The computers in question in this case are 15- and 17-inch MacBook Pro machines manufactured and sold in 2011. The price of these computers started around $1,800 at the time. Users claim that the discrete graphics card, which handles the more graphics-intensive tasks that most people in the market for a lunch tray-sized Macbook use their computers for, is defective. The lawsuit argues that some users had problems with their computers from the very beginning. The problem is that the computers’ three-year-long extended warranties are expiring, but the computers are still in use and still defective.
The lawyers argue that since Apple actually recalled some MacBooks made in 2008 for a similar issue, the company would have known that their original solution of a software patch was insufficient.
The graphical issues and system failures with the 2011 MacBook Pro Laptops were nearly identical to problems that plagued the 2008 MacBook Pro laptops, which were eventually recalled. Yet rather than issuing a recall for the 2011 MacBook Pro Laptops, Apple hurriedly release a software patch intended to address graphical stability in the 2011 MacBook Pros. The software patch was ineffective because, as Apple knew from its experience with the 2008 MacBook Pro Laptops, the defect at issue is physical and cannot be fixed with a software patch.
Class actions rarely lead to a quick resolution. For example, lawsuits against the company over various self-destructing power adapters for notebook computers led to cash settlements or replacement adapters for customers…two years after the suit was filed.
In this lawsuit, the lead plaintiffs ask Apple to reassess past warranty claims for affected computers, reimbursing users for any repairs that they paid for out of pocket. If any computers belonging to class members are found to be beyond repair, they ask Apple to replace them.
Through its recall power, the Consumer Product Safety Commission aims to protect Americans from unreasonable risks found in the things they buy. And when companies know about a defective product but don’t tell the CPSC right away, they can end up facing millions of dollars in penalties for delaying a recall. Just ask the South Carolina go-cart manufacturer hit with the agency’s largest-ever penalty.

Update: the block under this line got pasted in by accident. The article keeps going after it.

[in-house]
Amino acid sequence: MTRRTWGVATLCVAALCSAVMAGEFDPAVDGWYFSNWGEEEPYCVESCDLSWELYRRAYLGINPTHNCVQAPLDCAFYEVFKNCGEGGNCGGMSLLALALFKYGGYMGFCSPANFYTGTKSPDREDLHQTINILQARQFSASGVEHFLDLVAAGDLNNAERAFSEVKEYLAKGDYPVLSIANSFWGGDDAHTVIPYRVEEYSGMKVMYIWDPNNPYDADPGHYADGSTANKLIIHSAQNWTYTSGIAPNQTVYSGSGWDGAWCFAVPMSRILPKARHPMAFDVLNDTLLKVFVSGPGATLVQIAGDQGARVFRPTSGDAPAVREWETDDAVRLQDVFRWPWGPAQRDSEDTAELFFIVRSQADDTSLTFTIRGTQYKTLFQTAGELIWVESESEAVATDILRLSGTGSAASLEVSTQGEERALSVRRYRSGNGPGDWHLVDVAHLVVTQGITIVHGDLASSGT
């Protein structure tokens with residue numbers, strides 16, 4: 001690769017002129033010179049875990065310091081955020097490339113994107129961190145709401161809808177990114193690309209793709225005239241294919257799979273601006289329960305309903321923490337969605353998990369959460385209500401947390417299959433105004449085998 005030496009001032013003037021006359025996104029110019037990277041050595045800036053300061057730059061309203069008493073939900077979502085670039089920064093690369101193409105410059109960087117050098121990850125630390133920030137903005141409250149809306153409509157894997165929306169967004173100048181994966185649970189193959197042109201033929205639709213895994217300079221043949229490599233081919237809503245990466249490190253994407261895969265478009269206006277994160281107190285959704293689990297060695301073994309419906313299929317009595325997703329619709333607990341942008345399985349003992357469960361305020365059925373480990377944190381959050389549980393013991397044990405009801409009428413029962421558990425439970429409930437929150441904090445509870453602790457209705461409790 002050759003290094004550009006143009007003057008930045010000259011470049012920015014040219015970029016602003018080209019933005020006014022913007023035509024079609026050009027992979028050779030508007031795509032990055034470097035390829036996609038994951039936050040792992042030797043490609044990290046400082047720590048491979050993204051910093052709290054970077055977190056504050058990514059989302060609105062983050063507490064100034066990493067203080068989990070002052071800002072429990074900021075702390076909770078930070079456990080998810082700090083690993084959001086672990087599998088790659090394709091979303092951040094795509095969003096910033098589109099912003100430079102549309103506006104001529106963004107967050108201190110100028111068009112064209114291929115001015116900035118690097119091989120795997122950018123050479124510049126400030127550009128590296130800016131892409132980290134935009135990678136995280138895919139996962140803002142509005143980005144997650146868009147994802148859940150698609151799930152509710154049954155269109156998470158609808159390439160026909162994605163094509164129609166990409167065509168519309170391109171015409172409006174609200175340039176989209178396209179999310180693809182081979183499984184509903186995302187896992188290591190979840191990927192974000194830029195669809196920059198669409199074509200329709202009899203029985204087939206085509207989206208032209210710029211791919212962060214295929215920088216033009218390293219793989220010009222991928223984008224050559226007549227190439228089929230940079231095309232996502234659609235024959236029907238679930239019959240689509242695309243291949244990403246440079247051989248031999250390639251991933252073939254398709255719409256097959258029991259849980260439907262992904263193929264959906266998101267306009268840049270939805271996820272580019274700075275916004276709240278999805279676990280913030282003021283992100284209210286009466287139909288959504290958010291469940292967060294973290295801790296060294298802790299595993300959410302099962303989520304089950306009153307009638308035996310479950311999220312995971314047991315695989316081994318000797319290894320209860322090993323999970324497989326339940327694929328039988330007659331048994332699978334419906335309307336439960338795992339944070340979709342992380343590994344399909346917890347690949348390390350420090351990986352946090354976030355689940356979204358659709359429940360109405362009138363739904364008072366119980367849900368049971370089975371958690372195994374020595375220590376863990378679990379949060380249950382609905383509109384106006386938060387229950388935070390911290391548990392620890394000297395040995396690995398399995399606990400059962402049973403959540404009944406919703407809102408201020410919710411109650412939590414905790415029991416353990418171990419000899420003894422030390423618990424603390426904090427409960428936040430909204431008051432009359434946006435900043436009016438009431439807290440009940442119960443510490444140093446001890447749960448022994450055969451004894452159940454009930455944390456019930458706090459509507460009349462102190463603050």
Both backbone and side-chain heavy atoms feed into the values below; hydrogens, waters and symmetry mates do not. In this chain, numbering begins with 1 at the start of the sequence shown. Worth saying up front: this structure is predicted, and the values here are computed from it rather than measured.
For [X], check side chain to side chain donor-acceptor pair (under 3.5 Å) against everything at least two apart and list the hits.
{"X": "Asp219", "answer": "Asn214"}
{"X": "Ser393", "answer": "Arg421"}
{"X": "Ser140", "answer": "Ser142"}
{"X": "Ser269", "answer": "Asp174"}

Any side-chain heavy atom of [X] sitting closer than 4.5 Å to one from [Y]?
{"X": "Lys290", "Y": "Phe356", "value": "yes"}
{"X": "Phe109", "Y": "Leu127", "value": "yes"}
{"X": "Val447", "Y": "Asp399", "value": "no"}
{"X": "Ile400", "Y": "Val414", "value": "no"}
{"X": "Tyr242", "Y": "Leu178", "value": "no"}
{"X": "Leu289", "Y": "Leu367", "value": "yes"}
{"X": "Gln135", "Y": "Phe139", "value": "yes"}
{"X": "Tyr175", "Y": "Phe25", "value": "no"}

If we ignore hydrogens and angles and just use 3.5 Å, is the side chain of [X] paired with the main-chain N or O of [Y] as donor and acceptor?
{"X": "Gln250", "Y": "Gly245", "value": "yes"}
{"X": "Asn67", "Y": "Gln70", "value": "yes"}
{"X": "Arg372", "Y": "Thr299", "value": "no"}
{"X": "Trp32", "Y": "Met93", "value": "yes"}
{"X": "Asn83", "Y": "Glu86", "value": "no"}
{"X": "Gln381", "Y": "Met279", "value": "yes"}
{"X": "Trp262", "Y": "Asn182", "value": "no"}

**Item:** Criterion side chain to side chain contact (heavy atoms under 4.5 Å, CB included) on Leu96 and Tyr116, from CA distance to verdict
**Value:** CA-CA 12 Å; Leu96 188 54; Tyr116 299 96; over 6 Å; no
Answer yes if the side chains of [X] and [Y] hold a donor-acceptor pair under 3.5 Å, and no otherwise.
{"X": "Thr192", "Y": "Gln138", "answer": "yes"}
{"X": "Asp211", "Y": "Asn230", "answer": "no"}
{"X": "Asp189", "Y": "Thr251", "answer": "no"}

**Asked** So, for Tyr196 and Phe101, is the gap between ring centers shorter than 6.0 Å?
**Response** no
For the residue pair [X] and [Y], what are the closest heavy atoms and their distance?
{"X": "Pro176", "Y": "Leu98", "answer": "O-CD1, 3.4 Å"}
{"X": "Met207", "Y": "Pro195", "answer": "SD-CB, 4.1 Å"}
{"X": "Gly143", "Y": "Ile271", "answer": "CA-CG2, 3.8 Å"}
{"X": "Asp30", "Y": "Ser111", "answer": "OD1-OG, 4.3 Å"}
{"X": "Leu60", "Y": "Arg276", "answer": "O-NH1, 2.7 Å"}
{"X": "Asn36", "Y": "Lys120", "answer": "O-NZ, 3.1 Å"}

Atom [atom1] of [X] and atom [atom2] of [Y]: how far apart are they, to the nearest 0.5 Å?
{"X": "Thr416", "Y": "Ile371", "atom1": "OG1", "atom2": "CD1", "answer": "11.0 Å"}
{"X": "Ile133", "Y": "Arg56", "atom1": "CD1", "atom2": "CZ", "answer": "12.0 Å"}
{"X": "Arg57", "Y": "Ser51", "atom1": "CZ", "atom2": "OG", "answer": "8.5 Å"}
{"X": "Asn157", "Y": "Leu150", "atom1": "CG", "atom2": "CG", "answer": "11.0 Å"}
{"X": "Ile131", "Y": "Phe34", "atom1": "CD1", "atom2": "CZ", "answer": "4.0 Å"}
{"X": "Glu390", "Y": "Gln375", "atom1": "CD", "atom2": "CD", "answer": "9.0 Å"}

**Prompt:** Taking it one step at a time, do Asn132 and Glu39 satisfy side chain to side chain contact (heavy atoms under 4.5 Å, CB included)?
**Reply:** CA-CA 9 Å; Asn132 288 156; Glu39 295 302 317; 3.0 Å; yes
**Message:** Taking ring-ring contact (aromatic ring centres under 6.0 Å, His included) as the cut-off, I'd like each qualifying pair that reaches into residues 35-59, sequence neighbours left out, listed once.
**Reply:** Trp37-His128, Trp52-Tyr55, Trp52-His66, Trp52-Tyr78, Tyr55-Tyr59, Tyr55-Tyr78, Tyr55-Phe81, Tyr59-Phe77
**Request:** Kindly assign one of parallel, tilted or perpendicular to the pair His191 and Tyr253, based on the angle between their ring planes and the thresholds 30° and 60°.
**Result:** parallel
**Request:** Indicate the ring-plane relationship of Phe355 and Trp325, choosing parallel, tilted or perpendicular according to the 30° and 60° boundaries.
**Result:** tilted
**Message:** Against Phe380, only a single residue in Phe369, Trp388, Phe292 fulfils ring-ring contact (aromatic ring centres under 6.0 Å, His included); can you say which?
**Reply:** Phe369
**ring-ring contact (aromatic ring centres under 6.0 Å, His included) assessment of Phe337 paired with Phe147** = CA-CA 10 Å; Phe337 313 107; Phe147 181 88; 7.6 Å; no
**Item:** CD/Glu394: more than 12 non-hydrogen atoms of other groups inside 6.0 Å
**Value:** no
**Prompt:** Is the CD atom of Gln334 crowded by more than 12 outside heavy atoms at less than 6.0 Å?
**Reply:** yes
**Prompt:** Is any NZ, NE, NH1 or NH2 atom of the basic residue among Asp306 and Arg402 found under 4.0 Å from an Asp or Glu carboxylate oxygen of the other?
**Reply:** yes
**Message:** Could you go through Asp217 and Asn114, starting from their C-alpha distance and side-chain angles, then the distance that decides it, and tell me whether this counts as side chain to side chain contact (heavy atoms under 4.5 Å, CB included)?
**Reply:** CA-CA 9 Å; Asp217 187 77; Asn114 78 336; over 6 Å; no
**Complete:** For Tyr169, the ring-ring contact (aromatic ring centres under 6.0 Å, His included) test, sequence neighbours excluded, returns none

The CPSC announced Tuesday that Baja Inc. and its corporate affiliate, One World Technologies Inc., agreed to pay a $4.3 million civil penalty to the agency to settle charges that the company failed to immediately report the defects and injury risks associated with 11 minibike and go-cart models that were recalled in 2010.
According to the initial recall, nearly 308,000 minibikes and go-carts contained gas caps that could leak or detach from the fuel tank, creating fire and burn hazards.
Tuesday’s settlement resolves charges that by the time Baja had submitted a full report to CPSC in July 2010, the company had already received four reports of fires from leaking gas caps and burn injuries to consumers.
Additionally CPSC says Baja implemented design changes to remedy consumer complaints about a stuck throttle, but did not notify consumers or the agency of the changes.
Under federal law, manufacturers, distributors, and retailers are required to report to within 24 hours of obtaining information reasonably supporting the conclusion that a product contains a defect which could create a substantial product hazard, create an unreasonable risk for serious injury or death, or fails to comply with any consumer product safety rule.
In addition to paying the $4.3 million penalty, Baja and One World must maintain a program designed to ensure compliance with the safety statutes and regulations enforced by the CPSC. As part of the settlement, Baja and One World did not admit wrongdoing.
If there’s anything that can get sluggish workers to complete their tasks on time, it’s free cake. No wait, it’s free candy. Fooled you all — it’s definitely free beer, at least in the case of one Minnesota ad firm providing a bit of liquid motivation at work.
Minneapolis-based firm Colle + McVoy came up with a unique system to make sure that employees remembered to fill out their time cards in a, well, timely manner, reports KARE11.com (warning: link has video that autoplays).
Sure, there’s the money you won’t get unless you file that paperwork, but workers can also get a free glass of beer by way of the company’s own design, The Tapserver.
The high tech machine doles out the ale once a worker has scanned their key card, and its software confirms that the deed has been done, clearing said worker for happy hour takeoff. There are a few choices on tap to choose from as well, though no words on whether snacks are also served because that would just be too awesome.
Sentiment about completing time cards is now up 90%, but it remains unclear whether on-the-job napping is also up as well. It has to be.
Mpls. ad agency gives free beer for time cards [KARE11.com]